The Engineering Mindset

10 Nov

Today is my three year work anniversary.  I work with a lot of engineers.  And I worked with a lot of engineers at my previous jobs.  And I grew up around a lot of engineers.

Which is probably why I found myself discussing Maslow’s Hierarchy of Needs with an engineer this morning.

He wasn’t sure about all that self-actualization crap. In fact, he wasn’t too sure about needing anything much.  So I told him I’d give him a random collection of items and he could decide if they fit on the pyramid and where they fit.  The list was:  math, acronyms, pocket protectors, gadgets, beer, free food, duct tape, xkcd comics, science fiction and the verb “fix”. He sputtered out “well, all of those (except maybe the pocket protectors) is an essential need!”  Engineers may not be self-actualized or even believe in the concept (I don’t) but they do have a very distinct criteria of needs!

My engineering coworker, upon hearing this story, immediately retorted with: You forgot about PowerPoint!

Wow.  The truth slapped me in the face.  I didn’t forget about PowerPoint. I  forgot about the greatest engineering need of all – to find something gone wrong or someone saying something wrong and correct them.  Solving the problem is imperative. But searching out and revealing to everyone things that have gone wrong also has its own engineering appeal.  It’s like living in a reality puzzle.  They love it.

Which is probably why I’ve learned to relax.  When they tell me to lose weight so I can run faster, I know it is just them trying to solve a puzzle. They expect me to jump up and down in delight. And when they find that you are one teeny tiny % wrong or a decimal got put in the wrong place, they feel like they just won a trophy.  It’s surprisingly sad/amusing/impressive to watch.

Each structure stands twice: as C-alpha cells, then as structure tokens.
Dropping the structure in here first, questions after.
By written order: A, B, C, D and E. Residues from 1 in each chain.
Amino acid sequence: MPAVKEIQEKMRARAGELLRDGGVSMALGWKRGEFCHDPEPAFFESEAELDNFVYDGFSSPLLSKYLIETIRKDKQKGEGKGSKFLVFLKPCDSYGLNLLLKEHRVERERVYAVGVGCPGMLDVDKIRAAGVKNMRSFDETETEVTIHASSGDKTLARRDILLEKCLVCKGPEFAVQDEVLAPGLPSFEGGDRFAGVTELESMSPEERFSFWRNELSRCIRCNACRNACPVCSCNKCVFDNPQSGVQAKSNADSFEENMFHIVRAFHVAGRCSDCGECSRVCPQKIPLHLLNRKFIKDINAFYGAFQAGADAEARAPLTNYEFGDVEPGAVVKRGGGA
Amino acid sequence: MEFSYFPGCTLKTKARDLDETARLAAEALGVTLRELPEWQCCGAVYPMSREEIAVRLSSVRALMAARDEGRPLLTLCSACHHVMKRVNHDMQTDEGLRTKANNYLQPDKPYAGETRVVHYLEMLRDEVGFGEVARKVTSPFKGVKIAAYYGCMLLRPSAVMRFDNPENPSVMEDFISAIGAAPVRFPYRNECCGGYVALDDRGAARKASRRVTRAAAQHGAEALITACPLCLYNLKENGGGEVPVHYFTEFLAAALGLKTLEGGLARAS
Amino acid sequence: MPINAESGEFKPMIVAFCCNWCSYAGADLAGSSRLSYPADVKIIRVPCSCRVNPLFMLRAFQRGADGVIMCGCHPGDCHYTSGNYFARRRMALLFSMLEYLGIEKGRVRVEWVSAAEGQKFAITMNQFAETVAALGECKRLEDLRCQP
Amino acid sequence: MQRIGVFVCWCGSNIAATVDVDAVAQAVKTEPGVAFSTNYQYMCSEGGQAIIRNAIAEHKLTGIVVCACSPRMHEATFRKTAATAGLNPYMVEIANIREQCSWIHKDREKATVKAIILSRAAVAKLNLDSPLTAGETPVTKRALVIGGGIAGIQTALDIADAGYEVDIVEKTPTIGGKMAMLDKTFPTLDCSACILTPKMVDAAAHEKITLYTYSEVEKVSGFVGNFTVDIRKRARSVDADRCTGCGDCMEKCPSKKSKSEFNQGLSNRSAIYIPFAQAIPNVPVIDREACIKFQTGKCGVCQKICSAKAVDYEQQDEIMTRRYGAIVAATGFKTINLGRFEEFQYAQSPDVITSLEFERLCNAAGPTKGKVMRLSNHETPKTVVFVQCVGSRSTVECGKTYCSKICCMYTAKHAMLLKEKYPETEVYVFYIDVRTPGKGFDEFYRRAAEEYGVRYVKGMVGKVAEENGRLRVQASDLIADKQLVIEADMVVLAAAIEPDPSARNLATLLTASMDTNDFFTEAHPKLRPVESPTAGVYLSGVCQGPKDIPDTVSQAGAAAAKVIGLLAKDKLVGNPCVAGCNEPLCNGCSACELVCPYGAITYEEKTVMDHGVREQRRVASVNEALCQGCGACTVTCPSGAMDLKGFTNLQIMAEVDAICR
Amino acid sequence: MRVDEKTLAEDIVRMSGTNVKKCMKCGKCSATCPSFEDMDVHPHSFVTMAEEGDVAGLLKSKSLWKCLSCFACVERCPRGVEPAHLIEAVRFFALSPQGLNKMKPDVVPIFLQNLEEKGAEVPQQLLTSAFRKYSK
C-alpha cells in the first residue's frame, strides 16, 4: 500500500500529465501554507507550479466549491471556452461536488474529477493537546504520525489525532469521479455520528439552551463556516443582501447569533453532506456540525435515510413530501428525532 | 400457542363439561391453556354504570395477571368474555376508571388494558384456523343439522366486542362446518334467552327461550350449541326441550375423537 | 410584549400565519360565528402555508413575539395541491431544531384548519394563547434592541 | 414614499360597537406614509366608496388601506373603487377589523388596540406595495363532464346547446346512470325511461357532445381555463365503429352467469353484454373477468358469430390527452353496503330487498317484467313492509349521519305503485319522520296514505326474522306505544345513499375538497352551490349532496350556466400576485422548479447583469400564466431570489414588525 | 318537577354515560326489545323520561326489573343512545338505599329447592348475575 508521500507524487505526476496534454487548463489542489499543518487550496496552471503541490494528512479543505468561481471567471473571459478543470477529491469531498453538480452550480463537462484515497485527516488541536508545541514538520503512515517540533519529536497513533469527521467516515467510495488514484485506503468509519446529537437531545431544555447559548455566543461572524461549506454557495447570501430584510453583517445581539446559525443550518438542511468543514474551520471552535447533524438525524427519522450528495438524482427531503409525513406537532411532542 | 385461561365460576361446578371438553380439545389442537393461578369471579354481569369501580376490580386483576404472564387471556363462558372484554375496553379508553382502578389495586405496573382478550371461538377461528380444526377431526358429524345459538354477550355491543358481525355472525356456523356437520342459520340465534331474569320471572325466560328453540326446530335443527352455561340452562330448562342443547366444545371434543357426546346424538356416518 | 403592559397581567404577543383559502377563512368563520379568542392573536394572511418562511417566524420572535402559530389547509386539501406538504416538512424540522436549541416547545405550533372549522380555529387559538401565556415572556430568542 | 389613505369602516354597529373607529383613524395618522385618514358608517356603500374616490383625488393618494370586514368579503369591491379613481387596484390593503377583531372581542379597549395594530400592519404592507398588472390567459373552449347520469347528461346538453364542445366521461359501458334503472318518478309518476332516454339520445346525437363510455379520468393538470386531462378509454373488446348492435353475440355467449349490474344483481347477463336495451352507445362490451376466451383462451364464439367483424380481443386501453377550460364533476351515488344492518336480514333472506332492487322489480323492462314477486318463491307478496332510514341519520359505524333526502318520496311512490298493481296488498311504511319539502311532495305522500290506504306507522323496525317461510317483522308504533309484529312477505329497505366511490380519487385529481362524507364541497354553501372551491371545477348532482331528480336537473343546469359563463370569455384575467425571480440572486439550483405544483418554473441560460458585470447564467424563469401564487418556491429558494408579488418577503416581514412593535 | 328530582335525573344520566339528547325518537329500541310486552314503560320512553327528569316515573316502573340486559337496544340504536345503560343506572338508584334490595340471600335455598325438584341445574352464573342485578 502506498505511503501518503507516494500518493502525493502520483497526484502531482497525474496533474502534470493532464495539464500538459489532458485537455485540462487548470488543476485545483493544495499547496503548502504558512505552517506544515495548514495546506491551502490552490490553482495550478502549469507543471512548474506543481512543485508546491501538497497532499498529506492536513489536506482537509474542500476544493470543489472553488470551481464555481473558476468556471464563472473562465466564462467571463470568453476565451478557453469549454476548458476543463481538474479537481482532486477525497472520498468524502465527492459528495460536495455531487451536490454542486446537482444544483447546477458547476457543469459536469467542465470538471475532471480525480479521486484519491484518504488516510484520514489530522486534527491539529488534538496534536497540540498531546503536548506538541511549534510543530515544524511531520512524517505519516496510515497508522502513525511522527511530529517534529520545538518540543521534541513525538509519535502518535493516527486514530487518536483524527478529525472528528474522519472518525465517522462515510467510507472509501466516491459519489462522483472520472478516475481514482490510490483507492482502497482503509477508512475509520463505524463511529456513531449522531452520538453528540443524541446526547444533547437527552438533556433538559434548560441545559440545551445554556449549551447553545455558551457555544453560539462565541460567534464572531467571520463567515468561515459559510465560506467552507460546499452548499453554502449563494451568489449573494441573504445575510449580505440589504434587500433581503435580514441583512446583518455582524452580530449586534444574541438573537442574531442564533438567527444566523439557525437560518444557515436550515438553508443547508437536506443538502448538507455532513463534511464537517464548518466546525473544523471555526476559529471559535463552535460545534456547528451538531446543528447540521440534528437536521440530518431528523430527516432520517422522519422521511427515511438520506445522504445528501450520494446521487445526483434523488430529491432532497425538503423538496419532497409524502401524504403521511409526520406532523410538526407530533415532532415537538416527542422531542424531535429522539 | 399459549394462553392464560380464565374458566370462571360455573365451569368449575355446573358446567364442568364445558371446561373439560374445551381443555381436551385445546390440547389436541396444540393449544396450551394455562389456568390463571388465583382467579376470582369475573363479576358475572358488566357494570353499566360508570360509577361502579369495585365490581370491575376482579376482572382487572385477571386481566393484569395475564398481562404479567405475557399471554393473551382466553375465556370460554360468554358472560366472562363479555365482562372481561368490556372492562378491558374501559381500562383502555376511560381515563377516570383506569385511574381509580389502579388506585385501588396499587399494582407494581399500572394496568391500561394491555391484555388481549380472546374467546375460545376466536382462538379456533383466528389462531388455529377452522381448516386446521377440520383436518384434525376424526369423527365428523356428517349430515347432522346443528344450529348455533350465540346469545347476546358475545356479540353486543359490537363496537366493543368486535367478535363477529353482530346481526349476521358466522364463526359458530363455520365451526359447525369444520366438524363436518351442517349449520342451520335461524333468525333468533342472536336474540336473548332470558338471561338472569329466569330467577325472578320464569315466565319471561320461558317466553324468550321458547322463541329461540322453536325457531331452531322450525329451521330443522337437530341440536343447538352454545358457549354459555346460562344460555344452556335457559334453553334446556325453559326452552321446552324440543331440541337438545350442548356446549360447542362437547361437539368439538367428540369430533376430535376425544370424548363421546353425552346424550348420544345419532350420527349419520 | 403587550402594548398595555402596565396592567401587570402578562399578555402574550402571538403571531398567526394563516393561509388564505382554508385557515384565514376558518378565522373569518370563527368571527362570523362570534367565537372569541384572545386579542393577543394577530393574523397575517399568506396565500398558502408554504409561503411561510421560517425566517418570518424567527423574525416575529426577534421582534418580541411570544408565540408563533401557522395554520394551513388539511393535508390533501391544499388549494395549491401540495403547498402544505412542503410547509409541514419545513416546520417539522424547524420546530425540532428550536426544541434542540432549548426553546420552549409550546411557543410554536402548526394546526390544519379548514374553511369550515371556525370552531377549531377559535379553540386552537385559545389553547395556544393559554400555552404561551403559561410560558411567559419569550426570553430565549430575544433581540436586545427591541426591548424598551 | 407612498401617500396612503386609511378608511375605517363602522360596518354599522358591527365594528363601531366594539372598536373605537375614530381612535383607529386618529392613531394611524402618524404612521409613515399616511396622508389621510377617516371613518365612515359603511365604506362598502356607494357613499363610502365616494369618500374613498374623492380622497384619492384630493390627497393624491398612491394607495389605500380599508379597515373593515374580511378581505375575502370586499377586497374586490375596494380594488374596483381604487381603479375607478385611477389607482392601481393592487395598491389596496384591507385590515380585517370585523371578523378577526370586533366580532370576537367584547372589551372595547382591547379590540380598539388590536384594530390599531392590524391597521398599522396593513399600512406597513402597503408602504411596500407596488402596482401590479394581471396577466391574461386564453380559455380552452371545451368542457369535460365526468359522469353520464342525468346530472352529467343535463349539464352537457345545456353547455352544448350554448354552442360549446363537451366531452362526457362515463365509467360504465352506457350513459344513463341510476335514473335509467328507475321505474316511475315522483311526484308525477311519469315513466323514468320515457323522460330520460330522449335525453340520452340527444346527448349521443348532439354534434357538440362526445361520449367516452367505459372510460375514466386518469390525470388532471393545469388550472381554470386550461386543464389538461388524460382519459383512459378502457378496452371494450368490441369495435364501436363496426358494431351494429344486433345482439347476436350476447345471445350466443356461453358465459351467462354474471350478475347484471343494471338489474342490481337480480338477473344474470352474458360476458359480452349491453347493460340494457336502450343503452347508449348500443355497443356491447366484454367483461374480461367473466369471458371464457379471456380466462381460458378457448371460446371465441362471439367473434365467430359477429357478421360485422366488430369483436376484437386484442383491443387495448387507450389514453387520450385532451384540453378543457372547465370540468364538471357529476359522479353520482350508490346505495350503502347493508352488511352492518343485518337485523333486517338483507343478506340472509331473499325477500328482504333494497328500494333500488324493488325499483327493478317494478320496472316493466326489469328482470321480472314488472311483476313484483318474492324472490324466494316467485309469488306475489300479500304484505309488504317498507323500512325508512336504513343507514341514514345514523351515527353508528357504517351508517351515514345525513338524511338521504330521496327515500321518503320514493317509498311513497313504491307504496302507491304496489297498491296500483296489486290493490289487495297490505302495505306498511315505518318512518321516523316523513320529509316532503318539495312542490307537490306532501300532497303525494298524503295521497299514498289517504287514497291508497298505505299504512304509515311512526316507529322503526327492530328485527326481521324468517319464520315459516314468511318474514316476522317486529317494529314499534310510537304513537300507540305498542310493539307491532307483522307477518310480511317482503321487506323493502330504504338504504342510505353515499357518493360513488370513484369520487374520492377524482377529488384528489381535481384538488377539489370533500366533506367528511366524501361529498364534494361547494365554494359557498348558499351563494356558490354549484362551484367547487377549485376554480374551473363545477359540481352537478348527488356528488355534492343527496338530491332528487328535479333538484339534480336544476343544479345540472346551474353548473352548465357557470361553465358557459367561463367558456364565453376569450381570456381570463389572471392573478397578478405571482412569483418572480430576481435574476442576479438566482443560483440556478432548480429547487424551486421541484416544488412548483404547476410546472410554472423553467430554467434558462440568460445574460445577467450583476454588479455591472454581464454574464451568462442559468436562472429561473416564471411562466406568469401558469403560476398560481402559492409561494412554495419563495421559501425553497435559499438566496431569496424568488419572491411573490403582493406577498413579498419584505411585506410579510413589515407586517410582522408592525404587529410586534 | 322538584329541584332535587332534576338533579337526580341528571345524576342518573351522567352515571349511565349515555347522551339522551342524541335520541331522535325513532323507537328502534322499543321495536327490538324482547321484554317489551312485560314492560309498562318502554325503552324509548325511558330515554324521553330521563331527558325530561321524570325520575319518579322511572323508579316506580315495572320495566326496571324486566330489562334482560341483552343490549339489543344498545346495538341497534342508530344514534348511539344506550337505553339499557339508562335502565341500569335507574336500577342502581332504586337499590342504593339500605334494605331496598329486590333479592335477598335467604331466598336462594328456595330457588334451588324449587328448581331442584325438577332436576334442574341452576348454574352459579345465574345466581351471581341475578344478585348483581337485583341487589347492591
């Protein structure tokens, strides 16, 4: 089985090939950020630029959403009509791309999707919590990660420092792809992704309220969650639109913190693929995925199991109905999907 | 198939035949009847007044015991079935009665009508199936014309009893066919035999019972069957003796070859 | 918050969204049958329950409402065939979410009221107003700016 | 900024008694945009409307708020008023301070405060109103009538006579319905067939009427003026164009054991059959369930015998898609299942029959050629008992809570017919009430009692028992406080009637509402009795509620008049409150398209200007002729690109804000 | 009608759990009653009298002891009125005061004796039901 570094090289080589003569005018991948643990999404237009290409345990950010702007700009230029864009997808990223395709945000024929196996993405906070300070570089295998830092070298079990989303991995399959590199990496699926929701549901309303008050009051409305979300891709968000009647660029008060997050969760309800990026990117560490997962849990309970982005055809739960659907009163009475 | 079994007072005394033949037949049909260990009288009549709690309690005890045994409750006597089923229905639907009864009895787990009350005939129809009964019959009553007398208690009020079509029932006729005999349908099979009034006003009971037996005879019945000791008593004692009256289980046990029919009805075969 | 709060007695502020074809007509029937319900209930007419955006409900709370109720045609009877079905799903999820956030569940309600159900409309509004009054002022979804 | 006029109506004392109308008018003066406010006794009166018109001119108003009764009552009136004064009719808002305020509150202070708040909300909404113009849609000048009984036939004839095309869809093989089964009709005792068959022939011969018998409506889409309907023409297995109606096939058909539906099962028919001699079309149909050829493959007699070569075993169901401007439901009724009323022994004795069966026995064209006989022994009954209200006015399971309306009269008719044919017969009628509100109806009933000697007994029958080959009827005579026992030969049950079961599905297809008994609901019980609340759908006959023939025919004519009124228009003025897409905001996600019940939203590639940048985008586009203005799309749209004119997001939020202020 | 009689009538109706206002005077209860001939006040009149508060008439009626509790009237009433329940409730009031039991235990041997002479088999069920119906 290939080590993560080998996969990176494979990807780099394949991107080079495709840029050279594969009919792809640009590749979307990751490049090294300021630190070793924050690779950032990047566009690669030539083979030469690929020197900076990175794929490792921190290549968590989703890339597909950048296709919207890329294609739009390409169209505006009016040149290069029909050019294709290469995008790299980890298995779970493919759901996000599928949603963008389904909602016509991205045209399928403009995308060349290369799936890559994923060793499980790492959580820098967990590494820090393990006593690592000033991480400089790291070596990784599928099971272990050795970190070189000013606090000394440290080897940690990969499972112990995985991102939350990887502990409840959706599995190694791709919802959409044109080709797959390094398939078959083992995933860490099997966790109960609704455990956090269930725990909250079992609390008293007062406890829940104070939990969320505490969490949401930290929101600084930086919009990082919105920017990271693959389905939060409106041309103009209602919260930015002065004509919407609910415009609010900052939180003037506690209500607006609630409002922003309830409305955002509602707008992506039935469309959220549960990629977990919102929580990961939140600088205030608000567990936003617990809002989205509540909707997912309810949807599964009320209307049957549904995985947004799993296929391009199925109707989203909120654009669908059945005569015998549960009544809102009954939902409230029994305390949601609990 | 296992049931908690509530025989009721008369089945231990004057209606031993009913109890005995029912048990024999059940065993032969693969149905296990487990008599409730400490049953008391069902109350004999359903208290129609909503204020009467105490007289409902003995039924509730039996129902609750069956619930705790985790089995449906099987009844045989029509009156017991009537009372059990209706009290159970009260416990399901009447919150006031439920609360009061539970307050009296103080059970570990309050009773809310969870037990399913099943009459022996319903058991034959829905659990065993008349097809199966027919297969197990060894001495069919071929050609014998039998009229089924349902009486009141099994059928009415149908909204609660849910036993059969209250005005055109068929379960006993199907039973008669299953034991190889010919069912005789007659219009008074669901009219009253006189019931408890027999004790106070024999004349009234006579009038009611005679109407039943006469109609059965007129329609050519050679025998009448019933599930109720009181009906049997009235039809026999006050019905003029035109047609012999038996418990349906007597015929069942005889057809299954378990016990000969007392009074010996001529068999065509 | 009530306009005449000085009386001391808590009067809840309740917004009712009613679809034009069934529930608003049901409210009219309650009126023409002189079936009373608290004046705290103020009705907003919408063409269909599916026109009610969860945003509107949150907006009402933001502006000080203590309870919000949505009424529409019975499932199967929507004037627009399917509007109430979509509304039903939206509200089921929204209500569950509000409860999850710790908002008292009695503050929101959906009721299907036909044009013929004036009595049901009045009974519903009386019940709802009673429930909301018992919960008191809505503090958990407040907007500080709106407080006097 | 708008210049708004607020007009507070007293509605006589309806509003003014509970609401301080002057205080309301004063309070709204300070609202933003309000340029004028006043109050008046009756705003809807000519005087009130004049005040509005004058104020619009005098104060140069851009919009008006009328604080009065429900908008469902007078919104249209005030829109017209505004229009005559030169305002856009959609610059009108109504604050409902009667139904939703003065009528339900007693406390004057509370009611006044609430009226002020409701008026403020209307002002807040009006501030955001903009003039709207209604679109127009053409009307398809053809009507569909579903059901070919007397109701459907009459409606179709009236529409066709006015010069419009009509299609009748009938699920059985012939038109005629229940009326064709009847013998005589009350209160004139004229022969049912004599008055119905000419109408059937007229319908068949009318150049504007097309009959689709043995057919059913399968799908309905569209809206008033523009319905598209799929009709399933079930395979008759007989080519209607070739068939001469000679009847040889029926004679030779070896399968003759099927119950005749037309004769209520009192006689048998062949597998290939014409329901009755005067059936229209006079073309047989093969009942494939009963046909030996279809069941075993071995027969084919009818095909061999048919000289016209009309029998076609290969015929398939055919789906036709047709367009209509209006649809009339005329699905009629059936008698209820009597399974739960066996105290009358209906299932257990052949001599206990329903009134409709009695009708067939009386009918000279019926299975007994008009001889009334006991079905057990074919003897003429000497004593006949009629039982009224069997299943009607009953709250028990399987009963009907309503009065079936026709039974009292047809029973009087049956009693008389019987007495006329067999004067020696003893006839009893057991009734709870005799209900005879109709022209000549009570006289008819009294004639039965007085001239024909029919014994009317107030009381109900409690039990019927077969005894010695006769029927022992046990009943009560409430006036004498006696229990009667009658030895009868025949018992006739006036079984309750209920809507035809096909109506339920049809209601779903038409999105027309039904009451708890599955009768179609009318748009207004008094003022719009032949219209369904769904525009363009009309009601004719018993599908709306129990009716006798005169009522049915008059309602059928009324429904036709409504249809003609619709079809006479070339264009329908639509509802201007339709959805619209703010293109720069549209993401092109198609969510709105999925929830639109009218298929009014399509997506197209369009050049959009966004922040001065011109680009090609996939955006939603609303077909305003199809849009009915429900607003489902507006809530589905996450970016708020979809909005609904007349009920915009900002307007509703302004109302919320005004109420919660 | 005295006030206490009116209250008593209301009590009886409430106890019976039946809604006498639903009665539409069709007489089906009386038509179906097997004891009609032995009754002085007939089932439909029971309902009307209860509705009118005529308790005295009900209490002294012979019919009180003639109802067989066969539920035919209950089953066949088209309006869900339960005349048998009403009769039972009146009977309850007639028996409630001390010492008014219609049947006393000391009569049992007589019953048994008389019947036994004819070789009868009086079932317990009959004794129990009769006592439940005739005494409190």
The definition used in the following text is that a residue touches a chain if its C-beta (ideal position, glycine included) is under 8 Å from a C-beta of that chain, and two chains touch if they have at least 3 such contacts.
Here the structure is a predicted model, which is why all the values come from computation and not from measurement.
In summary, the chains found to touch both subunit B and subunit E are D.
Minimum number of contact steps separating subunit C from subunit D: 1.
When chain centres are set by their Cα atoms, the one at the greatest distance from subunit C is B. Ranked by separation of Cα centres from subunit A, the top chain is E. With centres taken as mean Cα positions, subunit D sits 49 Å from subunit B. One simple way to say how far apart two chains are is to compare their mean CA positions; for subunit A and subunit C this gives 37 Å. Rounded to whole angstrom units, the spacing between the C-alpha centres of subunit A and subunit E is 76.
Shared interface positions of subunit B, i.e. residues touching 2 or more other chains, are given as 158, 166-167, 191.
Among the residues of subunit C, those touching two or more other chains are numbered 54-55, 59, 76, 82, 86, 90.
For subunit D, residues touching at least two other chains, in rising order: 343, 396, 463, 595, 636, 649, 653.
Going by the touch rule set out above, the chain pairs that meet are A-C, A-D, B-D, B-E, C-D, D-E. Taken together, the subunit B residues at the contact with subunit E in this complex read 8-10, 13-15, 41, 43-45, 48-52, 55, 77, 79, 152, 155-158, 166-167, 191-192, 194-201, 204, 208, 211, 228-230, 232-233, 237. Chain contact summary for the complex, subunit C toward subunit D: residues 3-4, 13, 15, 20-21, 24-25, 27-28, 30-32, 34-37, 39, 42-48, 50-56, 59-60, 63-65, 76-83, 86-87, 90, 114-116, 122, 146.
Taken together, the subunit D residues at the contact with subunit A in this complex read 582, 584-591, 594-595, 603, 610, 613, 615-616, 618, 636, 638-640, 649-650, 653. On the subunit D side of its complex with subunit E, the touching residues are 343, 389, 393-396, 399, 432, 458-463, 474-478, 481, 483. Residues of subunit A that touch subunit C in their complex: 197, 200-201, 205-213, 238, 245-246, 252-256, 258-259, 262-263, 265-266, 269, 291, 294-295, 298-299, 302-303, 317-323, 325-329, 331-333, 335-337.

And today, on my 3 year anniversary, I experienced it all.  The embarrassed new hire being told to leave our HR water stash alone.  The director of Reach the Beach catching me wearing New England Relay gear (boy, was that a confrontation!).  The measuring tape and math involved in determining where best to hang the Veterans Day bunting.  The ability to do complex math problems in their head but the inability to read the little “This copier out of paper” sign flashing on the copier screen.  The drunk engineer on his last day, nearly out the door, instructing me that my Benefits policies are wrong (they aren’t) and unfair (they aren’t) and why did I keep him waiting 2 minutes (because he was 40 minutes “late” to his exit interview because he stood outside my door yelling at someone on the phone and I had moved on to other tasks).  The engineer-friend who reminded me that I might be drenched from a lunch rain run and freezing cold and starving (because I had to hang the silly bunting before I could wash up or change or eat lunch) but “at least I had kickass shoes.”

He probably wouldn’t call them kickass shoes except that he has the same pair.

Engineers can be a pretty quick case study.  At least 99% of them 99% of the time.  It’s that 1% that keeps it interesting.  Like, you know, the engineers who suggested I listen to the Wicked soundtrack while running my marathon because it works for them.  Or the engineers that stay my friend even after they leave the company. Or the engineer who, when he tells me, “I moved out of NH 10 years ago when I went to college and haven’t lived there since. But I’m happy to relocate to Boston and be near my family. How about you?” and I respond with a verbatim “I moved out of NH 10 years ago….” looks at me, hurt, and says “Are you mocking me?”  Um, no.  We are the same age, with the exact same life story.  Except that somewhere in the past 10 years you became an engineer.  And I became the person who studies engineers.

Kinda ironic, that.


One Response to “The Engineering Mindset”

  1. Charlie Gutierrez January 16, 2014 at 11:42 am #

    Yeah, there IS something about engineers….. which is why I found this interesting page. Thanks for writing it.

    maker of things

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